Over 10 years since Karnataka government heard grievances of industrial sector in Mysuru
Stakeholders complain that industrial adalat plagued by repeated postponement
Industrialists in the city are peeved over the repeated postponement of Kaigarike Adalat that was scheduled to be held here. Though the original date was changed multiple times, it was finally scheduled for November 12 only to be postponed again. The election code of conduct came into effect from November 9 when the schedule for the polls to the Legislative Council from the local bodies was announced forcing the postponement.
The Government has bandied about a number of dates after the poll date – slated for December 10 – but there is skepticism about the adalat being held anytime soon.
Suresh Kumar Jain, General Secretary, Mysuru Industries’ Association, said that a new date has been flagged during the second week of January but the association was going slow on publicising it given its experience of announcing the dates only to rescind it later. It has been over 10 years since the Industrial or Kaigarika Adalat was held in the city and local stakeholders have grievances that remained unresolved for years.
“We were hoping that some of the pending grievances would be resolved in the adalat but unfortunately it is yet to take place,” said Mr. Jain.
The last Kaigarike Adalat held in Mysuru was in 2011 and since then new issues having a bearing on industrial activity or grievances that was impacting industries, have cropped up or have not been resolved by the authorities.
The Kaigarike Adalat for Mysuru region will involve stakeholders from Mysuru, Mandya, Chamarajanagar, Hassan, Kodagu and Chikkamagaluru districts and Mr. Jain said that the bulk of the grievances pertain to land allocation. “There have been cases in which a letter officially acknowledging the allotment, have been issued but the beneficiaries have been unable to take possession of the land for various reasons,” according to Mr. Jain.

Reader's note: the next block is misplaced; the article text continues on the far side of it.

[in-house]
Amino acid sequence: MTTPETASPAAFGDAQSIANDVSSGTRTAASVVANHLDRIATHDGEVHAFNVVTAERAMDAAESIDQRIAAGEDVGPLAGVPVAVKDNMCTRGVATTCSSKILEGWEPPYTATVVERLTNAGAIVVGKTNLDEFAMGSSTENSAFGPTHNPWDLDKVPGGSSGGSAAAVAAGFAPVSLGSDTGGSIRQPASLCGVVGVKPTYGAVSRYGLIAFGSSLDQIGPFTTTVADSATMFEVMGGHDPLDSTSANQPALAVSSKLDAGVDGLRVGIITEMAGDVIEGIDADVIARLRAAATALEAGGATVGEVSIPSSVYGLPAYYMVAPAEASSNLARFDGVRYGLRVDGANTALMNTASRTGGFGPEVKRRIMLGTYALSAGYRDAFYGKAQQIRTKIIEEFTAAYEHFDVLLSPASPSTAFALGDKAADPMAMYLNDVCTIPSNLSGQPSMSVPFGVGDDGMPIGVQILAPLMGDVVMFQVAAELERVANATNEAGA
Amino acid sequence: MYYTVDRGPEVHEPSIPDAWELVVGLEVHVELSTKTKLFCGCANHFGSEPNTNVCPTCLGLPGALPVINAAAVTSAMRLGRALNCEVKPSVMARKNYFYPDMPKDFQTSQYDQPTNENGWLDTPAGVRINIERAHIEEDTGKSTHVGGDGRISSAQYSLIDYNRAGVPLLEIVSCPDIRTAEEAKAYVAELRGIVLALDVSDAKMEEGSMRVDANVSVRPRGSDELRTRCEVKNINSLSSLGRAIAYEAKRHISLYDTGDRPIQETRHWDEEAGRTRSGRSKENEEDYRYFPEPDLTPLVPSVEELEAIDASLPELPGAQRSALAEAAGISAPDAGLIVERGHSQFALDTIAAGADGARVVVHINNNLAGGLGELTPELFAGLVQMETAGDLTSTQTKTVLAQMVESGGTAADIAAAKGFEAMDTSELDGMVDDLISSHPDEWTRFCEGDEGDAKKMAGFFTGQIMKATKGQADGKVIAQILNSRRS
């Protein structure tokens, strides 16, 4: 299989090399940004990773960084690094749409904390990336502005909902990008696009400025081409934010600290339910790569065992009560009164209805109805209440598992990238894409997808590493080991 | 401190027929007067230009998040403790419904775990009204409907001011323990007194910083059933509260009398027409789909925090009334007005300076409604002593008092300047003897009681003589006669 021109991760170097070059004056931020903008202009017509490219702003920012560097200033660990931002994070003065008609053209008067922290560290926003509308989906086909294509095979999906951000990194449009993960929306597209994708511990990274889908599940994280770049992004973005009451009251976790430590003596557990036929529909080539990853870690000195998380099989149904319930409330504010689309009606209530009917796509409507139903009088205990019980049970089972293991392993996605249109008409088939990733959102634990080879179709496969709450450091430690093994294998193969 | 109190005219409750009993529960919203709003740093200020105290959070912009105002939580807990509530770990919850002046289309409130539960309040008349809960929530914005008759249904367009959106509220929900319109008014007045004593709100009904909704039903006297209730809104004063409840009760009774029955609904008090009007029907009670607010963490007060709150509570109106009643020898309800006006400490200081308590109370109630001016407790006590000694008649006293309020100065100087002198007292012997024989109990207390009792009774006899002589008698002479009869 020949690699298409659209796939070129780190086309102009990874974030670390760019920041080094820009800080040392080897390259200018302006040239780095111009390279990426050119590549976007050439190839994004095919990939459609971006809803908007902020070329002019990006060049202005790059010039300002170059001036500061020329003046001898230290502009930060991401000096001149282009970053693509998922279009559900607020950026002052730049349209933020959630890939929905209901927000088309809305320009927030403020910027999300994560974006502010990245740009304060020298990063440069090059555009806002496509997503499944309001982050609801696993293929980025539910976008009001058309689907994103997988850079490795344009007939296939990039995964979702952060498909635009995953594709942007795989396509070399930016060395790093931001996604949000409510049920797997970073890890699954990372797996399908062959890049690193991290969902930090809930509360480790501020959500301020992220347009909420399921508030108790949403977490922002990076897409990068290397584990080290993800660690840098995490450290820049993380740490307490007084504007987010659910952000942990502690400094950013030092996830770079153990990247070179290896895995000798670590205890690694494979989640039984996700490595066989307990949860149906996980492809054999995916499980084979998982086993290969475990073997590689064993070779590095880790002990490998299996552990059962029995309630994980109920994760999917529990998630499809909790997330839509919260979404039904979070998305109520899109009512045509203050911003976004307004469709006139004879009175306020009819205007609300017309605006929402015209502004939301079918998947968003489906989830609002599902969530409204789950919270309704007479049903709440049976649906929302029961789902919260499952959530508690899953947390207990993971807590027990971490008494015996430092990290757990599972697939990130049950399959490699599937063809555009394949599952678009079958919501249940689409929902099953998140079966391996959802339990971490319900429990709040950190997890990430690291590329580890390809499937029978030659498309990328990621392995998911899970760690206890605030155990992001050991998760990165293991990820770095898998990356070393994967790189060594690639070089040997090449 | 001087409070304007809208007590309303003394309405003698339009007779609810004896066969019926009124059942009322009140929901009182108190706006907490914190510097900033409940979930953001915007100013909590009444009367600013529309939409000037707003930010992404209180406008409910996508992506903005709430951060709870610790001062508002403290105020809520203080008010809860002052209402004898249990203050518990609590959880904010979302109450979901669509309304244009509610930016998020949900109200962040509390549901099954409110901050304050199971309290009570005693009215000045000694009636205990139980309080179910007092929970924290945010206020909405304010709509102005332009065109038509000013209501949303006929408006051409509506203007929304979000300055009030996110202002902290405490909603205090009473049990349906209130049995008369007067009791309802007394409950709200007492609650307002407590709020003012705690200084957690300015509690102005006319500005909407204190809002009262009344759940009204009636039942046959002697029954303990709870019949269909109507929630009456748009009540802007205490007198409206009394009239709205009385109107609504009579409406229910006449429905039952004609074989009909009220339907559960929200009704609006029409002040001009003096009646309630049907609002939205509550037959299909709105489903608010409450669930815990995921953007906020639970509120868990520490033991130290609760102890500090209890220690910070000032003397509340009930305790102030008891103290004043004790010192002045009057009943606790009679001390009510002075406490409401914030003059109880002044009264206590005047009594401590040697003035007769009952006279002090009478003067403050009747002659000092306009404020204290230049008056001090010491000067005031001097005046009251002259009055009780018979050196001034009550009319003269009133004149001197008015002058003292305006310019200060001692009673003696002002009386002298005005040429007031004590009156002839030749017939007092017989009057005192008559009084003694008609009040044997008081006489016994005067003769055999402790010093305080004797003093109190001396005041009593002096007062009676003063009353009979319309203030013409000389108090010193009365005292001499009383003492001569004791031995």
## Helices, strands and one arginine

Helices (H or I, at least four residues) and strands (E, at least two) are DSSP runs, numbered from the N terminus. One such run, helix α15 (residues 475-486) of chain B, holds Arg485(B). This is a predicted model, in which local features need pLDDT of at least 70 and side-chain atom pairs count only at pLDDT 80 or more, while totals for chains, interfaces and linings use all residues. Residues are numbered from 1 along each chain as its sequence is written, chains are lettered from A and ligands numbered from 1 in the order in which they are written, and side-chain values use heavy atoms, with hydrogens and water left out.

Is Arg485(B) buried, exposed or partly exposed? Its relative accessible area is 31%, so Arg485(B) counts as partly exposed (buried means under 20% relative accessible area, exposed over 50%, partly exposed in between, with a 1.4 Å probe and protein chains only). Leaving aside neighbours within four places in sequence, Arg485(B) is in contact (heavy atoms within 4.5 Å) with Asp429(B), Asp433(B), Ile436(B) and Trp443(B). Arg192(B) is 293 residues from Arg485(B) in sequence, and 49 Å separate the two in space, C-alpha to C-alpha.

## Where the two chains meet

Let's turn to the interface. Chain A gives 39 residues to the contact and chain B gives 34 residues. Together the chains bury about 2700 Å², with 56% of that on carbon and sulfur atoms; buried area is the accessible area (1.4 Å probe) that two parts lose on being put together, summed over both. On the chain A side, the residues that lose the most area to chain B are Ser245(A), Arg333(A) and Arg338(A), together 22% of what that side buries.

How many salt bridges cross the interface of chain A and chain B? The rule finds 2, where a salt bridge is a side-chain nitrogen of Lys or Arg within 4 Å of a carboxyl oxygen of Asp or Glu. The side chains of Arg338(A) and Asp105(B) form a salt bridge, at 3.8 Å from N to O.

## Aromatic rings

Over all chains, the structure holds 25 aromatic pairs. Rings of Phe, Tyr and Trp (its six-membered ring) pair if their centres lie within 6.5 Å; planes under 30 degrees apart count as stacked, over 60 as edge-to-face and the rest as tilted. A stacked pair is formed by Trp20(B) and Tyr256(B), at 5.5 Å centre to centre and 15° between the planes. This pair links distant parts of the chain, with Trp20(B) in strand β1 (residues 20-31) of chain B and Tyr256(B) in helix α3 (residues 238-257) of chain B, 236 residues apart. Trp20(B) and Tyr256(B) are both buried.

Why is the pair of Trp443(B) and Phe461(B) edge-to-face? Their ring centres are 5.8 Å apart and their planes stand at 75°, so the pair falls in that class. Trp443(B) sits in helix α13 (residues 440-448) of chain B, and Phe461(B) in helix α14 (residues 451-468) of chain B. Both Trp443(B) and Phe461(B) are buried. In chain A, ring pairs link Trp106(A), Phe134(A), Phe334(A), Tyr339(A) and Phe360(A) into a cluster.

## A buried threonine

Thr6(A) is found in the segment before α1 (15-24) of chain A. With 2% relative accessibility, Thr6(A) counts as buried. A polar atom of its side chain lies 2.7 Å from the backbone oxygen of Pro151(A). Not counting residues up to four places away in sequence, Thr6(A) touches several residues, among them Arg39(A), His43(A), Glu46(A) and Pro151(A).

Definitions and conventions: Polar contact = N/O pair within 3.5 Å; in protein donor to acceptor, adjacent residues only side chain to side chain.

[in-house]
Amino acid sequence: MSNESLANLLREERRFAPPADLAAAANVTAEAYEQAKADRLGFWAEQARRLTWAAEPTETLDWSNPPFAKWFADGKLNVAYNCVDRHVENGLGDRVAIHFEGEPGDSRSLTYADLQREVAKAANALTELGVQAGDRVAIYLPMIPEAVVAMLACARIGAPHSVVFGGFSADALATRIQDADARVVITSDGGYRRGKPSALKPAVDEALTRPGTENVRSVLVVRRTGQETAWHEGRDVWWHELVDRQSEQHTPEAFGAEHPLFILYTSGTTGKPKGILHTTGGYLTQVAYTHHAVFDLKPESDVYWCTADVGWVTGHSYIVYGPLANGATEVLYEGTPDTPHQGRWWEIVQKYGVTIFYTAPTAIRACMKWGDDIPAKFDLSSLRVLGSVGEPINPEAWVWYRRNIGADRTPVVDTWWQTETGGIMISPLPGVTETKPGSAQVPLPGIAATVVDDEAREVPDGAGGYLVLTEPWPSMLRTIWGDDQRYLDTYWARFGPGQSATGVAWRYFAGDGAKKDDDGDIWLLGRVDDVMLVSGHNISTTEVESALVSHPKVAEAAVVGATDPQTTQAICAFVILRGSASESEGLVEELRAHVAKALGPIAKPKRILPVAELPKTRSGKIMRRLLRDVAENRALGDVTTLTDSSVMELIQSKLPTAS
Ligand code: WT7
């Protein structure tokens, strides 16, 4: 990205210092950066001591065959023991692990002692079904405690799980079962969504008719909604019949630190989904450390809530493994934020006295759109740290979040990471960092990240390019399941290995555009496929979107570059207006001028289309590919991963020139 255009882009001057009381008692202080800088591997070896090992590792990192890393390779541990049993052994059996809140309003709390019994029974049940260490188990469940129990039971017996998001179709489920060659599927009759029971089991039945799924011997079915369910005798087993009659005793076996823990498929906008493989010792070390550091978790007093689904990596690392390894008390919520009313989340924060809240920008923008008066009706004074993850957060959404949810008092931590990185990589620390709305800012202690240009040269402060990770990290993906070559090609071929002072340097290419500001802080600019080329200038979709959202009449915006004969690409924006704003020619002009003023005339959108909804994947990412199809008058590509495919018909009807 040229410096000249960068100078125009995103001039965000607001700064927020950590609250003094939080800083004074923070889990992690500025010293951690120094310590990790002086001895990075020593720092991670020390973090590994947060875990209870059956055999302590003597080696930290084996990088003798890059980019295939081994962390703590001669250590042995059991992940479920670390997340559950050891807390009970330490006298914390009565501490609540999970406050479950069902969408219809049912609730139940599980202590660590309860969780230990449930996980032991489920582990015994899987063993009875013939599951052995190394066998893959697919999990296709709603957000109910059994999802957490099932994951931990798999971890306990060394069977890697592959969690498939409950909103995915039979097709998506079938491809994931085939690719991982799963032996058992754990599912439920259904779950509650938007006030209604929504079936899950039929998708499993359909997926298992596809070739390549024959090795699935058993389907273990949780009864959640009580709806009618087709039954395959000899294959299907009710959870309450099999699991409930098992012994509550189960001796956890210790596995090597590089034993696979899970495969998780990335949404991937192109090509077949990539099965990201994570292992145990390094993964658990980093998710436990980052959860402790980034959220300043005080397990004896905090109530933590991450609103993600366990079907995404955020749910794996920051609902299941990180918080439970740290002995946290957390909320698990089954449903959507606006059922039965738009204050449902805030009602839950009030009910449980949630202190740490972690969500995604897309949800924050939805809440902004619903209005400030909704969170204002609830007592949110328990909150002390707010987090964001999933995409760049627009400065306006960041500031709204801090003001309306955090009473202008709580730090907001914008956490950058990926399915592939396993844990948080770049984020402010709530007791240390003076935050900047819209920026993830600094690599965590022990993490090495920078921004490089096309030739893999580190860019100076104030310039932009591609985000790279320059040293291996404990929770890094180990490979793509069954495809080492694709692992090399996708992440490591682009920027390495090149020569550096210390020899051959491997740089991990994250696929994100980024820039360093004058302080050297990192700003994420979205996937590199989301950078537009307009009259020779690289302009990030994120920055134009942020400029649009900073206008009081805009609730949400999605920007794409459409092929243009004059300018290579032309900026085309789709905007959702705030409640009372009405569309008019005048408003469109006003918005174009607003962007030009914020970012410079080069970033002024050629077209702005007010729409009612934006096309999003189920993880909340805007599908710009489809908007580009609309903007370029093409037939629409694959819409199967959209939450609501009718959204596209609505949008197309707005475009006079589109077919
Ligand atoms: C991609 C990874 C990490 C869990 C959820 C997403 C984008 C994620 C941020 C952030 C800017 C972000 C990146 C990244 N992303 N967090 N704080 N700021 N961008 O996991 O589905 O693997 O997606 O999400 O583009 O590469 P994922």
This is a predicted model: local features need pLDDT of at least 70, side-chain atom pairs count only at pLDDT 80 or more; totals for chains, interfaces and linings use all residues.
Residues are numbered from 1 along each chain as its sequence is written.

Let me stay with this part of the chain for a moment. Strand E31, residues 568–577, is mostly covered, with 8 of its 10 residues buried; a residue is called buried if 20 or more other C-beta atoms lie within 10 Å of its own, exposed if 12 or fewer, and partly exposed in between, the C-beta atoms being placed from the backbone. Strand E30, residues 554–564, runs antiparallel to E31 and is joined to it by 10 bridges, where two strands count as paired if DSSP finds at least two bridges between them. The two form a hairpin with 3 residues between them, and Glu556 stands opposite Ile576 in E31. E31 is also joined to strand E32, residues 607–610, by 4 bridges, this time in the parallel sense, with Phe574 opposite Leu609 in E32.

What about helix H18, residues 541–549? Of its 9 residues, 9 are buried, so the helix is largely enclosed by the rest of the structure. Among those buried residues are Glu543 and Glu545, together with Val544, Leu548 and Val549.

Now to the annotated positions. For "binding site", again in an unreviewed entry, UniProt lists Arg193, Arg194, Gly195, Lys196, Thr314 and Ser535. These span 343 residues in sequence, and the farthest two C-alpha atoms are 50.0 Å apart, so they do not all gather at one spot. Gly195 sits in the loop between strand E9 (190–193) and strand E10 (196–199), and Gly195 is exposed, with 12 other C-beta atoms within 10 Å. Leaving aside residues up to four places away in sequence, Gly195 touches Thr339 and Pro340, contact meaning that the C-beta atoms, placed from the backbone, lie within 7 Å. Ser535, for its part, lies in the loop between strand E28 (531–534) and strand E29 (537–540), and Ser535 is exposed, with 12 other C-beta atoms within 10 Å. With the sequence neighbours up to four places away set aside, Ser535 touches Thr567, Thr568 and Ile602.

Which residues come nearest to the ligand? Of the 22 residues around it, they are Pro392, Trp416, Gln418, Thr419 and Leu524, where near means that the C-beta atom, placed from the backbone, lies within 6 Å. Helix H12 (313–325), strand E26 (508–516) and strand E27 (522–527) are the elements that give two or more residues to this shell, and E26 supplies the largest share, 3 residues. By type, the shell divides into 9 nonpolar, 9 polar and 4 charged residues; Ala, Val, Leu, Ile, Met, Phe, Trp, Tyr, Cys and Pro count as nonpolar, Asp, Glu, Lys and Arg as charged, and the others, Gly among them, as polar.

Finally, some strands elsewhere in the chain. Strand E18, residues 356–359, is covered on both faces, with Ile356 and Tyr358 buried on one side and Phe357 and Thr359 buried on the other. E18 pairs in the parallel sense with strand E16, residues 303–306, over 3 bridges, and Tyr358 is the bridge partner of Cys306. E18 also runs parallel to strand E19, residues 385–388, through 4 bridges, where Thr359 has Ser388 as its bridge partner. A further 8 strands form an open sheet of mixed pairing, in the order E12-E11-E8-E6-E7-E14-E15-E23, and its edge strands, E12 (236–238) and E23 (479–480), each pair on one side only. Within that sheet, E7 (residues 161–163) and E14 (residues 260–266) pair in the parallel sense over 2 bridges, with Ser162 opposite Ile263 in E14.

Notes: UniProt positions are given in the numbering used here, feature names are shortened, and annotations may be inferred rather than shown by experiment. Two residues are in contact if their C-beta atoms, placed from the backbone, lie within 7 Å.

In such cases where land was taken possession of by the allottees it was subsequently found to be problematic or unsuitable for the proposed industries. “Though in such cases a swap is possible it is subject to availability of land which is now the key issue which is hampering industrial growth of Mysuru,” Mr. Jain added.
The export centre for which the local stakeholders were fighting for decades is also yet to become functional. It was meant to give a fillip to the manufacturing and export units. It was originally conceived in 2010 and the civil works began in July 2019. But two years on, the works have come to a standstill and the pandemic too has contributed to this. For local entrepreneurs keen to tap the international market, the export centre was set to emerge as a single-window facility to complete all export-related formalities. But civil works are yet to be completed for the centre to begin functional.
The pandemic has also acted as a dampener to the industrial activity in general but association members aver the momentum was gaining traction and was nearing the re-COVID-19 level of activity. Hence they want the work on the export centre to be expedited.